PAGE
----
Hopefully it'll stick around till tomorrow so I can start the 2010 Bird Count with a Common Loon. maybe Grasshopper Sparrow as well.

One of the ponds

+List from this location include -Lesser Scaup, Common Loon, Brown Pelican, Cattle Egret, Glossy Ibis, Northern Harrier, Red-shouldered Hawk, American Kestrel, American Coot, Mourning Dove, Savannah Sparrow, Eastern Meadowlark

Estero Bay Preserve State Park in Southwest Florida

Estero River

Tuesday, December 29th, visited Estero Bay Preserve off Broadway in Estero. This tract, known as Estero Scrub River access was added in 2000 to the preserve, when the state purchased this land to forestall a developers plan to convert it into housing. This land is a much needed buffer to try and protect the water quality of Estero Bay. The trails here generally traverse upland pine, scrub oak, salt marsh, salt flats and mangroves. It is also a mitigation area for the relocation of gopher tortoises needing a new home, because of land development. The exotics are also being removed and the transformed back to natural, native Florida. Recently control burns have been used as well, as part of the land management.
Frankly, as side of the many gopher tortoises, bird life is not very abundant. There are usually kettles of vultures with hawks and eagles at times, and in the summer we have Swallow-tailed Kites. There are also many snags so that pileated, downy and red-bellied woodpeckers are present. Watch also for pineland species like doves, eastern towhees, house wrens, blue jays eastern bluebirds and bobwhites. The scrub is also home to the rare and endangered Florida Scrub Jay. The target specialties here are the Florida Scrub Jay, Northern Bobwhites Swallow-tailed Kites and a local Bald eagles’ nest.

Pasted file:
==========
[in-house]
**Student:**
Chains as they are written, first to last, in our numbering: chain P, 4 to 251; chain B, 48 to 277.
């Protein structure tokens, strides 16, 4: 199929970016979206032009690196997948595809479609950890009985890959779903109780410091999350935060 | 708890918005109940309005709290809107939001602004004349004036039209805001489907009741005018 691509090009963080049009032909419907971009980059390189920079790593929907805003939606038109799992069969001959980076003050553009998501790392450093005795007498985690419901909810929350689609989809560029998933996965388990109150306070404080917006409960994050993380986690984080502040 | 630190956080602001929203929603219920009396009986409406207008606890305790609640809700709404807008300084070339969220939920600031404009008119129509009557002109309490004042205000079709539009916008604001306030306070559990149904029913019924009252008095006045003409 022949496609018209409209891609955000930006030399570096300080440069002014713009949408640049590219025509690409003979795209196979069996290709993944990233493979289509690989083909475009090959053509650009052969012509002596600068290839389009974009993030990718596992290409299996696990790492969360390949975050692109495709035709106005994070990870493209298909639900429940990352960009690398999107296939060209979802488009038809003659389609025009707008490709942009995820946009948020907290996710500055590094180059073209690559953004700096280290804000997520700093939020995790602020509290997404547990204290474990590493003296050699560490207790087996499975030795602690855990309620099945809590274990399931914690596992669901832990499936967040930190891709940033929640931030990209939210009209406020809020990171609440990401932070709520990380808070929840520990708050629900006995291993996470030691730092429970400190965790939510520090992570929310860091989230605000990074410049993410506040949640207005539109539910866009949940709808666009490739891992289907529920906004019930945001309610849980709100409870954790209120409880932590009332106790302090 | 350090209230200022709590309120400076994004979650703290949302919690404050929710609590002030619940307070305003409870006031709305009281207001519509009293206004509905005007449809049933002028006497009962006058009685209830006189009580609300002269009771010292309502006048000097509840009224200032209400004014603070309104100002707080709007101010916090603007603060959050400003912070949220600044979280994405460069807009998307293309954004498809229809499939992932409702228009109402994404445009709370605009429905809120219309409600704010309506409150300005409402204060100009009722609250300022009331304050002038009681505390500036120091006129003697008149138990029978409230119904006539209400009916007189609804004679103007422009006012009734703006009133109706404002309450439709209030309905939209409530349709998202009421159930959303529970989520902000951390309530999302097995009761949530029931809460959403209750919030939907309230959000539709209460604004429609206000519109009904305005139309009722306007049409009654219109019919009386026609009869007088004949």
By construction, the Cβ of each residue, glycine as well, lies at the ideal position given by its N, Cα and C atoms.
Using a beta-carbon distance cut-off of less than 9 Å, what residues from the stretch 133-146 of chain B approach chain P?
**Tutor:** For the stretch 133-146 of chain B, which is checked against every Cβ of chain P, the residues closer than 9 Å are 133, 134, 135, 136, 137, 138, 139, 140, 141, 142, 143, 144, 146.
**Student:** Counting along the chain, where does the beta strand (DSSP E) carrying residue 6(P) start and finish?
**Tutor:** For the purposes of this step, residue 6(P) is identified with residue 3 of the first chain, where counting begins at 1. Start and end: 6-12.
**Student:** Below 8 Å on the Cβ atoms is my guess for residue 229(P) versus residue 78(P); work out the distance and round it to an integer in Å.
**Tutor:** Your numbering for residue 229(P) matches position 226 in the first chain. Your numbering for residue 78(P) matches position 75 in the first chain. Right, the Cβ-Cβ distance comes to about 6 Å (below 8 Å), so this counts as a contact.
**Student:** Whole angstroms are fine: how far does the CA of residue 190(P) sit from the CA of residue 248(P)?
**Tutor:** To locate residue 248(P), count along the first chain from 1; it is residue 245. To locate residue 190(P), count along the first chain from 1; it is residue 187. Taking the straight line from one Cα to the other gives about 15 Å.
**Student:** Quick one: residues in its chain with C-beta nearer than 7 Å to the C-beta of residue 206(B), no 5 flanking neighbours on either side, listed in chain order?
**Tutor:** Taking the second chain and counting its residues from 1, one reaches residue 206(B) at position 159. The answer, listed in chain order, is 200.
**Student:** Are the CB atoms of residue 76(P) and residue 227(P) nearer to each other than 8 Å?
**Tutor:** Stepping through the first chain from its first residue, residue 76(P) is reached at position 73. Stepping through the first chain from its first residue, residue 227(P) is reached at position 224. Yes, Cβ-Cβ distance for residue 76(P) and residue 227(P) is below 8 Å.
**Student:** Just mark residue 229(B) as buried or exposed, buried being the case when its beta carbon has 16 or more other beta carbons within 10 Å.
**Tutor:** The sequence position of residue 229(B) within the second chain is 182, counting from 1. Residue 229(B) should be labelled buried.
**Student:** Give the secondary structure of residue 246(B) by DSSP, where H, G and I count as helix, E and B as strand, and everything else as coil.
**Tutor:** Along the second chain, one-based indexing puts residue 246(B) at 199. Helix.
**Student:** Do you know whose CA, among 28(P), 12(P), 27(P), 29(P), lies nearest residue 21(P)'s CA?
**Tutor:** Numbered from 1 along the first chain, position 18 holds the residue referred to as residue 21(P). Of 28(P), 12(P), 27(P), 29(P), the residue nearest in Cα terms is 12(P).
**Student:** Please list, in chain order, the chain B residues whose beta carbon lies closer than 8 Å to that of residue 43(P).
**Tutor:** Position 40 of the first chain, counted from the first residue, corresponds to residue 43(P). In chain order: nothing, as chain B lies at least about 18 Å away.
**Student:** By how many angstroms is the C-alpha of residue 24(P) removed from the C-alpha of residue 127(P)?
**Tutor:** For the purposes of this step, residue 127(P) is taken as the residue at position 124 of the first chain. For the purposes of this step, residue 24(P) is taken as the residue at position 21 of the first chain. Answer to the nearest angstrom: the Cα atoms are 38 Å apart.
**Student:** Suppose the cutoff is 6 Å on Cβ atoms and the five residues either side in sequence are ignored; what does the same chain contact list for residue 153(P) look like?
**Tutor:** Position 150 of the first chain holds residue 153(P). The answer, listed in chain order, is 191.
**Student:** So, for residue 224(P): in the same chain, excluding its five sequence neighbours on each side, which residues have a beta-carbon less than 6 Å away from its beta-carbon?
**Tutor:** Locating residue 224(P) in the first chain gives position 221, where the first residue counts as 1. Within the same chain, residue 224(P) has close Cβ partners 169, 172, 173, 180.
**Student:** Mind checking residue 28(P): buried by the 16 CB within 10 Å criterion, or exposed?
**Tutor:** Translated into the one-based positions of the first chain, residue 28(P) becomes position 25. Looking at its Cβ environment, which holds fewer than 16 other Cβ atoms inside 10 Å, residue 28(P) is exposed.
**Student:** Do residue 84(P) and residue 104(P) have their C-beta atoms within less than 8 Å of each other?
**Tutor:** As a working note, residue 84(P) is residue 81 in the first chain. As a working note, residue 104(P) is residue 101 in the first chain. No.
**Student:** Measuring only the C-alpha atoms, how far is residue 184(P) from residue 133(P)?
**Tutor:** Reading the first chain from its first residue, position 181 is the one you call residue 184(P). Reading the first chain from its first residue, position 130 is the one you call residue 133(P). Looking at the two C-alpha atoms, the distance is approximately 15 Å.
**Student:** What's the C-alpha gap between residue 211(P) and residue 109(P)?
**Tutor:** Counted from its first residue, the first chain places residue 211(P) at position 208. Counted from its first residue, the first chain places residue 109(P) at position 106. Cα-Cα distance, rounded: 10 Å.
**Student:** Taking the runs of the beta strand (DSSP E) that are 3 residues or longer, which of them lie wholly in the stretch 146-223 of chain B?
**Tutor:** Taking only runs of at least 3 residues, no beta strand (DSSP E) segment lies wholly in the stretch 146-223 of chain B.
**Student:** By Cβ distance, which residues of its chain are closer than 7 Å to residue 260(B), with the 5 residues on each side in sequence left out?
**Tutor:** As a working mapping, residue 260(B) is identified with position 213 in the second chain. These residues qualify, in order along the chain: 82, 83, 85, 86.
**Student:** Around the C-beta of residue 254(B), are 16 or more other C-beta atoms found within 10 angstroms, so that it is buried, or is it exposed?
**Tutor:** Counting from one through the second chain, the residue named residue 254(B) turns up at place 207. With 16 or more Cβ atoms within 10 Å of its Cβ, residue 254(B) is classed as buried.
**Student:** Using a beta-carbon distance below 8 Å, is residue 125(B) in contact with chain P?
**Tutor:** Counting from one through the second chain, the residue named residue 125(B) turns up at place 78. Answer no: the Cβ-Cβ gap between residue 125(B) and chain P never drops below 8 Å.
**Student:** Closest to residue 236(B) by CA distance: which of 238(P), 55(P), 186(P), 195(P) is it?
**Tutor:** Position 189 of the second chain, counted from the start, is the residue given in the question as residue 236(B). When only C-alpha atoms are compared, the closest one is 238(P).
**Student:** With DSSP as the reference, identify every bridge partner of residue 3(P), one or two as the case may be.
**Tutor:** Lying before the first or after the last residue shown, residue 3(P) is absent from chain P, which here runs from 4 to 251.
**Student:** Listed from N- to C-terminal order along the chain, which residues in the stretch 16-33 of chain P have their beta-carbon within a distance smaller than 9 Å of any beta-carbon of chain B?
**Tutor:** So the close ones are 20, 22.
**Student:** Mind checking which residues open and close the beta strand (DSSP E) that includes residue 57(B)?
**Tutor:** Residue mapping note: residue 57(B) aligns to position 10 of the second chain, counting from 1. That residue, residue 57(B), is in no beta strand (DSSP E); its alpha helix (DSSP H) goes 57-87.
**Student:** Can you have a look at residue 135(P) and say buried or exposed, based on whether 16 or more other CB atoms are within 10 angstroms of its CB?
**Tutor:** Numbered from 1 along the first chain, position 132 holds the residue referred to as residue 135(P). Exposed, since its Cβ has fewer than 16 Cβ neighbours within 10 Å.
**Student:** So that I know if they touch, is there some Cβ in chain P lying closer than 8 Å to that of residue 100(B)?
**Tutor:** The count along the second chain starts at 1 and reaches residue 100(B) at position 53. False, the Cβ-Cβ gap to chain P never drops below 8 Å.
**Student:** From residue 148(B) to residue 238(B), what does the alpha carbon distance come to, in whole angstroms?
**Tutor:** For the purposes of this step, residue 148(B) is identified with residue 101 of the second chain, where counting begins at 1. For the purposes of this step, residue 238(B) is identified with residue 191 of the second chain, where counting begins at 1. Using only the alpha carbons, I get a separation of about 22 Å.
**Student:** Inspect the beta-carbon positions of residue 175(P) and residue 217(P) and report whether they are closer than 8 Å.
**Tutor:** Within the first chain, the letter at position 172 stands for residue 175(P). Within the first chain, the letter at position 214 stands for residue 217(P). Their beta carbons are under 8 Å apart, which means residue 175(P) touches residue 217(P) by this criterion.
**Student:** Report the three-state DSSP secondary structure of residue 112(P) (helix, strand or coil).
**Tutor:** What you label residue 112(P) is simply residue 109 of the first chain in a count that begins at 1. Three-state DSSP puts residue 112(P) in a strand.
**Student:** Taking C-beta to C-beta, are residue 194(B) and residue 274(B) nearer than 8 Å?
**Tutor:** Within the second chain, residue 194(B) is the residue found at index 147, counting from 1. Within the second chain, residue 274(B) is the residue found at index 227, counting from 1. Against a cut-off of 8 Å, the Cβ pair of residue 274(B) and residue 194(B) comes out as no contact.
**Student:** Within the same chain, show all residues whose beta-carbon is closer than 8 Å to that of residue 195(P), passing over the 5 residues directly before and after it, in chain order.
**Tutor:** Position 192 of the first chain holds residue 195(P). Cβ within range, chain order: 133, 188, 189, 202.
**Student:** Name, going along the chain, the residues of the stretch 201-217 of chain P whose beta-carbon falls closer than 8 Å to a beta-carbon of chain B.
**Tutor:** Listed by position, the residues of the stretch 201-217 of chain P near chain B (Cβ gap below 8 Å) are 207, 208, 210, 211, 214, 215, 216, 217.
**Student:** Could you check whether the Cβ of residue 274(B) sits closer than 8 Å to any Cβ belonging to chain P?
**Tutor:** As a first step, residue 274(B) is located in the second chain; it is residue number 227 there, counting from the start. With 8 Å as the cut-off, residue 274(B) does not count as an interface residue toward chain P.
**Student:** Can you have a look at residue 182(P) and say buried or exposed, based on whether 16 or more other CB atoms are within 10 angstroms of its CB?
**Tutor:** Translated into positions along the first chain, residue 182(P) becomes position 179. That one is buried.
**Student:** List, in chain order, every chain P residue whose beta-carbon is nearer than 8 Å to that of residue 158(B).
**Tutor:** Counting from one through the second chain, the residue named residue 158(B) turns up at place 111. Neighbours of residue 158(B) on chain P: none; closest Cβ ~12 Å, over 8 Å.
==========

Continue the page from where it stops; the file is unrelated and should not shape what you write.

Today I spent two hours hiking in the afternoon and found it very quit. But I was after the scrub jay, bobwhites, the eagles’ nest and I also needed to locate an Eastern Towhee. Found some of the trail to be very wet and muddy, but there were no mosquitoes. By February conditions should be even better as the trails dry out.
On my first hike her on February 14, 2008 I was lucky to locate two Scrub Jays and I have never found one since. No bobwhites today either. As for the eagles’ nest, I found the nest tree destroyed by fire. Hopefully they will rebuild nearby. Did find the towhee and had my best bird when a merlin flew and land in a nearby tree. My trip list includes -

Bald Eagles nest tree
The Orange Trail
Salt Flats

Gopher Tortoise

Monday, December 28, 2009

Bronzed Cowbirds in Clewiston

Wanted to do some birding today and the reports of tundra swans in St Johns County, a common eider at Flagler Beach, a masked duck at Veira Wetlands and a La Sagra's Flycatcher in the Everglades National Park were very tempting as Florida Rarities. But the logistics were too difficult as I had some things to attend to in the morning. So I recalled a posting on BirdBrains about Bronzed Cowbirds in Clewiston.
Before heading to Clewiston I had to make a stop up by Lake Placid and did stop a couple of places along the way to bird, including Alva. Here I checked out a dependable location for Red-Headed Woodpecker, which are not common in this area. Next, a few blocks away, the White family of Alva maintances several bird feeders in their front yard, were Painted Buntings, Indigo Buntings, American Goldfinches are often found as well as White-Winged Doves. My Alva list includes - Sandhill Crane, Red-headed Woodpecker, American Crow, Northern Cardinal, Indigo Bunting, Painted Bunting, Eastern Meadowlark, American Goldfinch.After leaving Lake Placid was able to arrive in Clewiston at 2:45pm. I was following these instructions from Ed Kwater as he posted to BirdBrains on November 15th.